To learn more about our mosquito treatment options and pricing, give us a call toll-free today at 866-781-4991 or email us at ClarksCSR@ClarksPest.com. Contact Clark’s to help take back your outdoor living space!
How do I control weeds throughout the summer?
Summer is the perfect season for a great vacation, but it is also peak season for weeds.
Weeds do not easily invade a healthy stand of turf that is properly fertilized, watered and mowed at the correct frequency and height. Weeds like bare and thin areas which can be caused by:
- Improper fertilization
- Too much or too little of the correct nutrients and/or improper timing of application
- Too much or too little watering
- Overly moist soils are subject to various sedge weeds that can be really tough to eliminate once they take hold
- Failure to control diseases and insects
- For example: fungus, grub worms, mole crickets and moles
There are 3 main ways to control your lawn’s weed population:
The best cultural practice for weed control in your lawn is frequent mowing (weekly if possible). This breaks the weed’s life cycle by cutting the seed heads before they mature, thereby preventing them from spreading. Many weed species do not tolerate frequent mowing.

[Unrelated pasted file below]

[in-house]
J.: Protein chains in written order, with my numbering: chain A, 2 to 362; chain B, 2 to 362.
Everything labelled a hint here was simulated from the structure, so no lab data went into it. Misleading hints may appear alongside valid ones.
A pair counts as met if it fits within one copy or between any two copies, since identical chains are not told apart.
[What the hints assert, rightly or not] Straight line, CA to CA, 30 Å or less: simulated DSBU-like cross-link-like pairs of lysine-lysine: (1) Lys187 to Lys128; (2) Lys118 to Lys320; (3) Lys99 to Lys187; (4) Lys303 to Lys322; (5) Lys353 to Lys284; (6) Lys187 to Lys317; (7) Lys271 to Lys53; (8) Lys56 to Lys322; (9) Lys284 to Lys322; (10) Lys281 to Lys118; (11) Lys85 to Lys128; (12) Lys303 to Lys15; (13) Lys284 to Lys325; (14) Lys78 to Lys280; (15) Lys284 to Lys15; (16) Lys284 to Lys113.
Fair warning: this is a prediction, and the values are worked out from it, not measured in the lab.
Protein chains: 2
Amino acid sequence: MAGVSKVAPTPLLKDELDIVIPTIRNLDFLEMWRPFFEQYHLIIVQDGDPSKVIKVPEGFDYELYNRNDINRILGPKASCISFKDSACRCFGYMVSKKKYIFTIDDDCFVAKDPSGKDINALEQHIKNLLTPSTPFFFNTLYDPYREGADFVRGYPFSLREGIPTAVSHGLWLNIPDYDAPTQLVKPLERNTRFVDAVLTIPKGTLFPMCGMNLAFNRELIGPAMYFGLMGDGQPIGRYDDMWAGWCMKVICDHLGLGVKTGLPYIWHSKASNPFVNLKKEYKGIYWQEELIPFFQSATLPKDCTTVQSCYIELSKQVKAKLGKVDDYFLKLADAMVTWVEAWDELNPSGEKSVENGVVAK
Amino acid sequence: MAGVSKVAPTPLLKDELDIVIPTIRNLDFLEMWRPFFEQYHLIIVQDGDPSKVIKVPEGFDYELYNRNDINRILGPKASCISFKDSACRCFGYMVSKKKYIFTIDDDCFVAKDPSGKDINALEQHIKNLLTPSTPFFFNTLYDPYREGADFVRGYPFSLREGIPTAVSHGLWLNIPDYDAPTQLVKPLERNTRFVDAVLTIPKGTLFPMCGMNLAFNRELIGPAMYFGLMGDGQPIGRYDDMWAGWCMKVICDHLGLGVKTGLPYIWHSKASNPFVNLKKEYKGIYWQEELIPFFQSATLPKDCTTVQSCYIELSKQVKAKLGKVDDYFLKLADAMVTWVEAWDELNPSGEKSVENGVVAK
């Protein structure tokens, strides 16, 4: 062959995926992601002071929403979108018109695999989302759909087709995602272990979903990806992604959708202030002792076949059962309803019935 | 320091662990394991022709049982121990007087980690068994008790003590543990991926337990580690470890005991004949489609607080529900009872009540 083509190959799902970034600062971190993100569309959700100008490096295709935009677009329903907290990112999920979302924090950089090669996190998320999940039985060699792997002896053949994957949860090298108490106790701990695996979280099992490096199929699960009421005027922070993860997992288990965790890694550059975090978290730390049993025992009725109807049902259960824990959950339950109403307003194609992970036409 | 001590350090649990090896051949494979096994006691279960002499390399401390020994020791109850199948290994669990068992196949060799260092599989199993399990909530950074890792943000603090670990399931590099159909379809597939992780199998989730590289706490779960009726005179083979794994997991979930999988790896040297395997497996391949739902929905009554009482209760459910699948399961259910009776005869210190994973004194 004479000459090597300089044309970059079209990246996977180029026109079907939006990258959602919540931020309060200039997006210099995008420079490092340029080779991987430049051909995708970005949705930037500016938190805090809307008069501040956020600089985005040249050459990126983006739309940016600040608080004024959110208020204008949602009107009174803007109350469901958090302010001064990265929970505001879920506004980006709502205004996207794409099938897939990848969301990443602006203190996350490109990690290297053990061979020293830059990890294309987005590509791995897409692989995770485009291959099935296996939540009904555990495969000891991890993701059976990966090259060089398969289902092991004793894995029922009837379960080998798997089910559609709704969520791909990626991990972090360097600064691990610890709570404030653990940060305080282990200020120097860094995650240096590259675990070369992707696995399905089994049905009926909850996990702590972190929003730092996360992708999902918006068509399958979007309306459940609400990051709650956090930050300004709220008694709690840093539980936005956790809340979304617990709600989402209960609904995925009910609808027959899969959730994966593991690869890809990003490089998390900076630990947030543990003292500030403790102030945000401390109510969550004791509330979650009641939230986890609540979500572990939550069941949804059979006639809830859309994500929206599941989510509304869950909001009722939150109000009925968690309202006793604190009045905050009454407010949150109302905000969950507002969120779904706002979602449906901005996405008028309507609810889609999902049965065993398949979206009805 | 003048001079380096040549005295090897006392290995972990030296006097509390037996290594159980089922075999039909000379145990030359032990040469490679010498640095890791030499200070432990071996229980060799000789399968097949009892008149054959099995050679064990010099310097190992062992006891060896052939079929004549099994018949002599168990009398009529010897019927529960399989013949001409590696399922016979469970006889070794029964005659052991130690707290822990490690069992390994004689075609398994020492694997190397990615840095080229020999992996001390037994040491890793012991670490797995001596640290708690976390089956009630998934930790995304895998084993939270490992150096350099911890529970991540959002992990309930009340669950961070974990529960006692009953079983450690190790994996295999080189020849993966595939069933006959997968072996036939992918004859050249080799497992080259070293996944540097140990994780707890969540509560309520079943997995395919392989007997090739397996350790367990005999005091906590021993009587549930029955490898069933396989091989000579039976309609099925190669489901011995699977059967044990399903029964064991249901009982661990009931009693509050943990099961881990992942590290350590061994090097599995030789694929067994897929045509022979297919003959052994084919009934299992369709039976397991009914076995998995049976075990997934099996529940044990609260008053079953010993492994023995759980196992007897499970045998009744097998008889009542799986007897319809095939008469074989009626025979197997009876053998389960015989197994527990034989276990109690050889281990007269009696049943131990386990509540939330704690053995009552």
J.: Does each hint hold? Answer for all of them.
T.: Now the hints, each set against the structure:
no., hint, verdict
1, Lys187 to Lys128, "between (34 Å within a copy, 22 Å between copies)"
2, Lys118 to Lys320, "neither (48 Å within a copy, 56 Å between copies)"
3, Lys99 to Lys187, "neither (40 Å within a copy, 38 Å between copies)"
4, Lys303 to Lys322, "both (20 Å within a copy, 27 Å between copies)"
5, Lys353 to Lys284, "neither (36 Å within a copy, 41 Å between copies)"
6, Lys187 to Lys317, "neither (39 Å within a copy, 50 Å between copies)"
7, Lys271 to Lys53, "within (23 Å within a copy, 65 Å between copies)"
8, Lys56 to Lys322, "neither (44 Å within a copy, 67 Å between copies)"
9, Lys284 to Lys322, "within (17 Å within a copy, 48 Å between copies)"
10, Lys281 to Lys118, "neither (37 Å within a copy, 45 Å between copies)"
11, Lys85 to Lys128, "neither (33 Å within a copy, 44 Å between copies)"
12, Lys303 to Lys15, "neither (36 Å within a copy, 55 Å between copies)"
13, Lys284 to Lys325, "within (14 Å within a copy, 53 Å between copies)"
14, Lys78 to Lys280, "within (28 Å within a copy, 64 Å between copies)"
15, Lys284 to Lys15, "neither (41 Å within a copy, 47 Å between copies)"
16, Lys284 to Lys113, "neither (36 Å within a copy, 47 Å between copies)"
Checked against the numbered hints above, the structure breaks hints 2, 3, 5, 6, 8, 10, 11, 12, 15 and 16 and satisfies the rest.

Mowing at the correct height for the turf type is equally as important as frequent mowing. Mowing too low can cause injury to the turf, and mowing too tall will result in excessive thatch buildup.
Many professional lawn care companies apply pre-emergent herbicides in late winter to early spring, then again in late April to early June.
Pre-emergent is a type of herbicide that prevents the germination of seeds. It typically lasts 4 to 6 weeks depending on environmental factors like rainfall and temperature. Late June, July and early August can be prime time for weeds to flourish based on the last application time of the pre-emergent. When the effects lessen over time, weeds are able to germinate and start to appear in your lawn.